Responsible tourism in Lanzarote


To really understand responsible tourism in Lanzarote, there are few more important gurus to touch base with than César Manrique. He was a local visionary artist and architect, who worked closely with local authorities throughout the late 20th century to prevent his homeland from resort ruination. Tragically he died in 1992, but his work lives on and can be seen and read about throughout the island. Manrique’s statue ‘El Diablo’, the symbol of Lanzarote’s National Park of Timanfaya, is like a reminder that all of us now need to keep the badness at bay. Don’t let the devils of development do their worst. Don’t let the water run out. And let the great creatures that love these waters as much as we do, swim free.

Wildlife & environment


Say no to captive dolphins

Lanzarote has four captive dolphins, only introduced in 2017, in spite of a growing worldwide movement to put a stop to the captivity of sea mammals. Tourists can interact with captive dolphins and sea lions – all in the name of ‘education’, apparently – at over €100 a go.

At Responsible Travel, we are totally opposed to the use of animals for entertainment purposes. See our campaign against captive orcas for more details of our stance on this, about the harm that it causes to mammals, and how there are so many alternative ways to see these beautiful creatures in the wild. Thankfully, many tourists are now aware of the impacts, and indeed some vacation companies are removing such parks from excursion lists. We encourage our responsible travelers to do the same.

What you can do
Go and see dolphins in the wild. There are several companies offering trips off Lanzarote. Various species of dolphins and whales can be seen throughout the year, and not too far from shore. Make sure that you use a company that has a responsible tourism policy of some sort and respects international guidelines on responsible dolphin or whale watching. Take a look at our Dolphin watching travel guide and our Whale watching travel guide for more details.

Tap into the water issue

Water is a big issue in Lanzarote, although when you see some resorts with their large swimming pools you would be forgiven for not realising. But it is important to realise that this is an arid island, not far from the Sahara. There is not a lot of rain - that is one of Lanzarote’s big selling points after all. The remote location combined with its volcanic geology means that Lanzarote’s water resources have to be carefully monitored at all times and most of it is desalinated sea water. This process also takes a lot of energy. So, when you see a sign asking you to be really careful about water usage, they mean it. We can enjoy these all year round gorgeous temperatures, but the impacts on water resources can be serious.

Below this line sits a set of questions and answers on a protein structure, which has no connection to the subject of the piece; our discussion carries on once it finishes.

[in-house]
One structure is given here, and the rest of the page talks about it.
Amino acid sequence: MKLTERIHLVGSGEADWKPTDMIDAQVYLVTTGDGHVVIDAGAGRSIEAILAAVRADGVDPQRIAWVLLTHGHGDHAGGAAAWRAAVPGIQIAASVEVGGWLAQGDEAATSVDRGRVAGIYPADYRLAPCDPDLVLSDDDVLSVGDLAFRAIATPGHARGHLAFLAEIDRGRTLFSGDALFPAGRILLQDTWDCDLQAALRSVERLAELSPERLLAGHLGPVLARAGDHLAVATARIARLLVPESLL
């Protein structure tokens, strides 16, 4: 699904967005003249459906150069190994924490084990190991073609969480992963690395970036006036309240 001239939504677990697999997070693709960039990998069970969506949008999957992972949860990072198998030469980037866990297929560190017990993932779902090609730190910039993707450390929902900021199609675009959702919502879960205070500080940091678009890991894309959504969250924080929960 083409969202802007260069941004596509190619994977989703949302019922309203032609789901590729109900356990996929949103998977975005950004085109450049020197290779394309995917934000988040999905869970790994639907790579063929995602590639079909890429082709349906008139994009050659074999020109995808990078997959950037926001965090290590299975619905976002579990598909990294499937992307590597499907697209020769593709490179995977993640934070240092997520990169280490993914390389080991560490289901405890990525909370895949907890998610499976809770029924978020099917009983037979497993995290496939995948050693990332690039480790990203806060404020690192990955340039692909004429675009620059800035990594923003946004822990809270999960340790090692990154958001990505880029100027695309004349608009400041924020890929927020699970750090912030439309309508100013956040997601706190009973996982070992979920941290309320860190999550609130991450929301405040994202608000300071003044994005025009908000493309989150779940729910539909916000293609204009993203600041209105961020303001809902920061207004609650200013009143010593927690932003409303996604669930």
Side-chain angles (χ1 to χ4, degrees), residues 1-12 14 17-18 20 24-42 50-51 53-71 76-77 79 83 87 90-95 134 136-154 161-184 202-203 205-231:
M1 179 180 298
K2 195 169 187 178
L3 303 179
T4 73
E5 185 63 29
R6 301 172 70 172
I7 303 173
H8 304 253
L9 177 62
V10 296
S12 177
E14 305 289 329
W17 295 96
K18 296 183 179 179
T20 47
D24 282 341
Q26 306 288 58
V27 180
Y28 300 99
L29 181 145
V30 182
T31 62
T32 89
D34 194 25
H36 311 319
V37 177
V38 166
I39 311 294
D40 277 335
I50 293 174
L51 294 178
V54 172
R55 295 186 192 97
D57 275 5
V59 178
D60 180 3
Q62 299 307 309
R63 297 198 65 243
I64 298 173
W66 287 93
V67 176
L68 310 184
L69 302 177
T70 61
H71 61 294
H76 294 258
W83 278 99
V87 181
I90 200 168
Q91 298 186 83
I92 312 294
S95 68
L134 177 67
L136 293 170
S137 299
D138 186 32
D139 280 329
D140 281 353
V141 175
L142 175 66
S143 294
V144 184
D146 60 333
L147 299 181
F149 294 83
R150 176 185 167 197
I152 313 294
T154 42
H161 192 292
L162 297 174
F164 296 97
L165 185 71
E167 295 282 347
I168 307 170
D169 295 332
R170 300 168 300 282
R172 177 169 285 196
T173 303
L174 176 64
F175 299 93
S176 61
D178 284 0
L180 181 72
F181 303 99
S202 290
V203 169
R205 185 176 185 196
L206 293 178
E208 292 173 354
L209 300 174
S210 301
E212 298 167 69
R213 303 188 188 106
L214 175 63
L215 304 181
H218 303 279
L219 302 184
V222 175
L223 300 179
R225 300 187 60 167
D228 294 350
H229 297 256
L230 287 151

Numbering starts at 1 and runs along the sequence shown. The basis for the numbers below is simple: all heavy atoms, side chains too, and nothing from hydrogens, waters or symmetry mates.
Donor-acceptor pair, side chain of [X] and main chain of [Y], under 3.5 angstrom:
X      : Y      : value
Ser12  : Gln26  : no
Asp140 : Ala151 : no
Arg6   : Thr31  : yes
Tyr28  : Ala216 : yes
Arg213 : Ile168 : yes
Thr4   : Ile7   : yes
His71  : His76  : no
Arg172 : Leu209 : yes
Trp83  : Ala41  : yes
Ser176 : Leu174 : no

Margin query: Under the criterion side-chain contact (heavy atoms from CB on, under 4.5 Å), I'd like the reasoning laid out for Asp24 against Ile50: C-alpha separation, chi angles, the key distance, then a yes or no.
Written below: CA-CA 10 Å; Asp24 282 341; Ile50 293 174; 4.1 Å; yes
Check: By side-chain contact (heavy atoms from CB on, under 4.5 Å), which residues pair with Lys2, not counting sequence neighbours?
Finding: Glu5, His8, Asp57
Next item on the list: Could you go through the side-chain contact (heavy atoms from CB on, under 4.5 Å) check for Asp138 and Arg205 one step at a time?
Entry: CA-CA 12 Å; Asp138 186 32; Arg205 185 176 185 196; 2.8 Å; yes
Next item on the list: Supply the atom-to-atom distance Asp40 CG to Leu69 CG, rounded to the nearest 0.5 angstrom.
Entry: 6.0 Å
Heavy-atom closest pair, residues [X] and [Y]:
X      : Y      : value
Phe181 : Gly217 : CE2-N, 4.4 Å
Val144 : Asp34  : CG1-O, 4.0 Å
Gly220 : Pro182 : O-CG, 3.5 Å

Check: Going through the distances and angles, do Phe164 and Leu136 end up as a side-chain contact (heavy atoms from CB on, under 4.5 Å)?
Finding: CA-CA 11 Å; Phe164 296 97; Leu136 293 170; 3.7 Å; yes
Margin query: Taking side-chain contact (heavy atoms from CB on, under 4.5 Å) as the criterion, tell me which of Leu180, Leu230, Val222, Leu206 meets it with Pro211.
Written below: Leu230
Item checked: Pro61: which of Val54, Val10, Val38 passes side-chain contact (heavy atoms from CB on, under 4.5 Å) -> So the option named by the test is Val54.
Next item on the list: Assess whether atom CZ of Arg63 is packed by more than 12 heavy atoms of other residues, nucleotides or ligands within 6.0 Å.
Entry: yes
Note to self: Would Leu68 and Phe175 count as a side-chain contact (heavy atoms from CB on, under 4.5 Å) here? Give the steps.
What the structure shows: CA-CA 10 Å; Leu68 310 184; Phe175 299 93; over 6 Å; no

What you can do
All common sense, really. Don’t shower three times a day, don’t insist on your bed linen and towels being washed all the time, don’t leave the tap running when you brush your teeth, and seek out places to stay that are environmentally aware, with smaller pools and an ethos that encourages you to use the much bigger, natural pool nearby: the Atlantic Ocean.

People & culture


At Responsible Travel we feel that the nickname ‘Lanzagrotty’ is an unfair one. However, when you examine the negative impacts of all inclusive resorts and some stretches of overdevelopment along parts of the south coast, you can soon see the grottier side to tourism. And by grotty, we mean tourism that doesn’t value local community, the local economy or local culture. Where wrist bands mean more than doing the right thing. When profits and packing in the crowds overlook local culture and natural heritage.

What to do
Quite simply – don’t do the all inclusive resort thing. Stay local, eat local, play local. You will also have a more enriching experience of this island. Oh, and drink local too. Lanzarote wine is grown in a unique way and tastes wonderful. And spread the word among friends on social media that this island is about so much more than all inclusive.

Responsible tourism tips


Be aware that Lanzarote is a UNESCO Biosphere Reserve, thanks to its unique landscape made up of 300 volcanoes. So be extra careful and leave absolutely no trace when you go hiking or biking.

Electric car rental should be easier on an island like this, but sadly there are not enough quick charging stations. However, our fabulous vacation supplier, Lanzarote Retreats, has its own charging points for electric cars that they have on site for guests’ use.

Cruise ships are an issue on Lanzarote, with some of the giant, floating hotels doing their irresponsible bit throughout the Canary Islands. We recommend small ship options instead.

There is plenty of solar and wind power on the Canary Islands, and yet few of them use it as a main source of energy. Seek out eco accommodations that have the sense to go renewable, in a landscape where such resources are plentiful.

Please don’t pick wildflowers or lichen. Some of them have spent hundreds of years fighting to emerge again through the volcanic soil, so best leave them to continue their journey in peace.

Please learn some Spanish and don’t presume that because tourism is everywhere, so is English. Gracias and buenos días, or a por favor when you can, helps a bit. But be brave and try a few more phrases, or take a course before you go.
Photo credits: [Manrique's 'El Diablo': Paul Stephenson] [Swimming with dolphins: Alicatsouth] [All inclusive resort: Terry Whalebone]
Written by Catherine Mack
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